In fact, there is often a very visible bright line in the hacker community when it comes to these sorts of devices, between those who want to explore and access the hardware/OS to their hearts' content, vs. those who want to defraud (e.g., obtain related services for free).
My observation is that the former groups usually far outnumber the fraud-oriented latter ones.
A challenge for Google -- or any other organization in a similar situation -- is to balance their response to exploits in such a manner that they don't unintentionally drive significant numbers of persons from the more benign "exploration" category into the darker ("hell, we'll show 'em!") fraud category.
As usual, no simple answers, and no easy solutions.
Blog Update (January 1, 2009): Root Access Jailbreak for Google Android G1 RC30 -- Plus More Bonus Philosophy
Greetings. Wikileaks is vividly demonstrating why I keep repeating the phrase "You can't effectively censor the Internet."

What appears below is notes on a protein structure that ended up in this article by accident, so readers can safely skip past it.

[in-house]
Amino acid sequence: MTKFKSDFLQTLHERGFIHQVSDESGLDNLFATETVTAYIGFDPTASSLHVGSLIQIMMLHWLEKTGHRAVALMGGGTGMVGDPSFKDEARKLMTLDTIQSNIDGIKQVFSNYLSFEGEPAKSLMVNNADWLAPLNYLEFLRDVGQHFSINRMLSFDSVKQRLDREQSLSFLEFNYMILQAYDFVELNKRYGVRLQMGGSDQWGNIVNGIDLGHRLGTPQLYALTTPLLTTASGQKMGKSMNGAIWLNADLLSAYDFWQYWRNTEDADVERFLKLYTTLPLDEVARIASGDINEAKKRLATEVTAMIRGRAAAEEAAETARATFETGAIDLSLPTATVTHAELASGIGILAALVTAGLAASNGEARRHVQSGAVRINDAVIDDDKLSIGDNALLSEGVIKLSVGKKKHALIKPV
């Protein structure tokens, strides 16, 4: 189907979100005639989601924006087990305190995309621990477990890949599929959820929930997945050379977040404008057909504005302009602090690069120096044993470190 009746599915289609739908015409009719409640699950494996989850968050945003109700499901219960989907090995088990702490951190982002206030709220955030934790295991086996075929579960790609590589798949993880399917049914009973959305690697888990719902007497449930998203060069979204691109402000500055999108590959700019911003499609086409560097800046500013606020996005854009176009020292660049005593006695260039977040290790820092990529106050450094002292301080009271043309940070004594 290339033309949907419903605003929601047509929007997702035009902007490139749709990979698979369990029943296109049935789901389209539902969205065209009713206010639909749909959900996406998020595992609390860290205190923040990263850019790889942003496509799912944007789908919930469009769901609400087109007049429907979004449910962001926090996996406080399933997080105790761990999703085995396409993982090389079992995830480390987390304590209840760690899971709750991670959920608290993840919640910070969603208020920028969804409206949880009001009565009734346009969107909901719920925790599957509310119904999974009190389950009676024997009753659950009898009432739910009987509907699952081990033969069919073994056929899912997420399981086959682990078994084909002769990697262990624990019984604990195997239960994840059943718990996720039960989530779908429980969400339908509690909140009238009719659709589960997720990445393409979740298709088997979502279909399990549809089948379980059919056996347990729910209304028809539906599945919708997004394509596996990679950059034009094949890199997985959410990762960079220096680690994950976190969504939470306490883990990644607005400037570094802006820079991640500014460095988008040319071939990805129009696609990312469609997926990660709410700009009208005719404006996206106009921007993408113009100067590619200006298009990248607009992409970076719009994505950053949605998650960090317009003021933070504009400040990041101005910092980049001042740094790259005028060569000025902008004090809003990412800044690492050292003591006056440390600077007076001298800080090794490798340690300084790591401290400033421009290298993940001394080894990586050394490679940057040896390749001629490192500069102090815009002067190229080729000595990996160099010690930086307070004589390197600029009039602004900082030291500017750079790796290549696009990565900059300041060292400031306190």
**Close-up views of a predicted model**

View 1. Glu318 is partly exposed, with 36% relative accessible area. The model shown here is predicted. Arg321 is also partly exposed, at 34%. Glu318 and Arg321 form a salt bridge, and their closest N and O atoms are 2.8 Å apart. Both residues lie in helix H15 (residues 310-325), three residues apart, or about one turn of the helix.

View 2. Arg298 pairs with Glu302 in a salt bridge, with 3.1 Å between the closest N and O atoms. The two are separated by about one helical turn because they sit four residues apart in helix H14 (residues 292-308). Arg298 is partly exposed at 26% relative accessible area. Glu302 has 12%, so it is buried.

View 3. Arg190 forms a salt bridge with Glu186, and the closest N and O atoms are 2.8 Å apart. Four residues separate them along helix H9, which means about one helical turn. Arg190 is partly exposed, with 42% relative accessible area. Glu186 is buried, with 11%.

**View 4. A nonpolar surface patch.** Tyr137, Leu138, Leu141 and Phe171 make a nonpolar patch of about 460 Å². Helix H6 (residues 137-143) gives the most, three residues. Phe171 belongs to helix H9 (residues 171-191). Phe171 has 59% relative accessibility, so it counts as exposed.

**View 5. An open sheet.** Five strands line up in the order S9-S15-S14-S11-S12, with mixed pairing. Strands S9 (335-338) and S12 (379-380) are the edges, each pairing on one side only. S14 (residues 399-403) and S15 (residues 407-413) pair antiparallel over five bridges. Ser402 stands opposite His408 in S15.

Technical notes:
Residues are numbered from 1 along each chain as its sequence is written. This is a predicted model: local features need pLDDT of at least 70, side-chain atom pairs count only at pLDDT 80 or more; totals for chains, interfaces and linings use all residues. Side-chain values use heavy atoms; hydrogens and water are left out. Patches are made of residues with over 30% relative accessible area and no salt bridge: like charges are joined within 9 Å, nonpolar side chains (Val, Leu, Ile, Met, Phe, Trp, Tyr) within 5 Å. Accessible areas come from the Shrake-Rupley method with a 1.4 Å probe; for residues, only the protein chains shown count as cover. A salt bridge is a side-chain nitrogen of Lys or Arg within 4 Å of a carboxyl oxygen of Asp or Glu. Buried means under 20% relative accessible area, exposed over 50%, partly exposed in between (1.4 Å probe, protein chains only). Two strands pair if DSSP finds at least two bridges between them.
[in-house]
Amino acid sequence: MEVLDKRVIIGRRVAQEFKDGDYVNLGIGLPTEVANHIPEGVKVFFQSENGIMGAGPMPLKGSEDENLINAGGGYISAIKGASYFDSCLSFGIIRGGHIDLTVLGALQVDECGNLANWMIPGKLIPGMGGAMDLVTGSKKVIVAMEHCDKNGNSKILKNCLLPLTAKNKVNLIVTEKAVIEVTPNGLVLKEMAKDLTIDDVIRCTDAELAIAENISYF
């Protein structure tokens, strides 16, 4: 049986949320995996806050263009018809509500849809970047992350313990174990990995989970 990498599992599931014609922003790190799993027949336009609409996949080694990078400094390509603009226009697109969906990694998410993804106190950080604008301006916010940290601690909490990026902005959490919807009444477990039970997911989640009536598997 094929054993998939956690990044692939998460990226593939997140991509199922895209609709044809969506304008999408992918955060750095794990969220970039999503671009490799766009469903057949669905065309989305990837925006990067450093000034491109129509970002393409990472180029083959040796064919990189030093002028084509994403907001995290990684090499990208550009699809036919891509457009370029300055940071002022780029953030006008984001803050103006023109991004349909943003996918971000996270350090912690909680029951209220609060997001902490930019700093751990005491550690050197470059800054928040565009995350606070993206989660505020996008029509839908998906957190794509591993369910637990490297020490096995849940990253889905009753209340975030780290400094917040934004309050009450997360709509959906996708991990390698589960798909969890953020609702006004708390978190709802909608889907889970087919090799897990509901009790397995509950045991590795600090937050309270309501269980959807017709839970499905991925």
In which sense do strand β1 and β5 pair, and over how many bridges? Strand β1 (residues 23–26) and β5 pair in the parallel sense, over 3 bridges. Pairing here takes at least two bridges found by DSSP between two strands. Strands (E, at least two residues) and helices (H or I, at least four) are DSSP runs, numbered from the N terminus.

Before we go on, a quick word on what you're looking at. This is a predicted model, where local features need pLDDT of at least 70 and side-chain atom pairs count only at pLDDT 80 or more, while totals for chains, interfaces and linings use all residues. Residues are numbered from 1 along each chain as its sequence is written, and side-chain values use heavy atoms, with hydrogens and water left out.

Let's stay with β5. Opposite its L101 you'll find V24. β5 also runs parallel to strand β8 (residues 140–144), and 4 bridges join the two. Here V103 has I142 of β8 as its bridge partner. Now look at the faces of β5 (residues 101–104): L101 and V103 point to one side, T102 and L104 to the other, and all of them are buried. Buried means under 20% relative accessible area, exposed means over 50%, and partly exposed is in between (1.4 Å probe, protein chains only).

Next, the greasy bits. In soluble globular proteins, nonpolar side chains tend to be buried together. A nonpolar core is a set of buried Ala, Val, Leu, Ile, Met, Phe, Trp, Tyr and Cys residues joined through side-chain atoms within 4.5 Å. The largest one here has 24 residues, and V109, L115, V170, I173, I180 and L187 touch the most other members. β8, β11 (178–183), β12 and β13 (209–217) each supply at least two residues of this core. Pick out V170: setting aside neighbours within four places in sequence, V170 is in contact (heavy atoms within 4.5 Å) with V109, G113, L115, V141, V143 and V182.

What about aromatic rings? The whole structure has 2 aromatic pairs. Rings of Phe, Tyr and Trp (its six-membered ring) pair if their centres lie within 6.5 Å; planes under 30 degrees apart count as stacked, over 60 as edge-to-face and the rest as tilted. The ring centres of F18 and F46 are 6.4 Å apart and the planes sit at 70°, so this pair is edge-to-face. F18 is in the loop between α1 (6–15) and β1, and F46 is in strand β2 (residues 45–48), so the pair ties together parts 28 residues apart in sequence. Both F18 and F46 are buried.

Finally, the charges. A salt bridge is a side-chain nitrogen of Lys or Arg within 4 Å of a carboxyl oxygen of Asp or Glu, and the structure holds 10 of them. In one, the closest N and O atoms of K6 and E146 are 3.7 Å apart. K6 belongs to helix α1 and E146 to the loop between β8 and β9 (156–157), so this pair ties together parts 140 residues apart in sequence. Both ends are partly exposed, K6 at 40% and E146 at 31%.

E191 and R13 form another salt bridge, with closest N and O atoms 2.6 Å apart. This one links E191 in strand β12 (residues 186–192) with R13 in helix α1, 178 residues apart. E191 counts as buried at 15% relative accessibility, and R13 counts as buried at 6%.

It seems that a Belgian satirical magazine just published a "sex satire" story involving the country's chief of police. Rather tasteless? Yeah, it seems so. But hardly earth-shattering.
Still, it was enough to trigger the Belgian legal system's ordering that all copies of the magazine be recalled from stores, presumably to try block distribution of the satire and its associated images.
The result is predictable to anyone who grasps the power of the Internet. Wikileaks has placed the materials in dispute online, where they will now garner far more attention -- and on a global scale -- than they ever would have if the Belgian authorities' censorship attempt hadn't been initiated.
By now the story and photos have been replicated on the Web around the planet, way beyond Belgium.
It's notable in this case that the original source materials didn't start on the Net. But the Internet's power to foil censorship can -- as this example makes clear -- easily extend beyond the Net back to conventional media that can easily be brought online with a simple scanner or video capture card.
Will the champions of censorship ever learn this basic yet awesome truth?
Blog Update (November 8, 2008 8:05 AM): G1 Jailbreak Fix Released (and Blocked), Plus Hacking Philosophy 101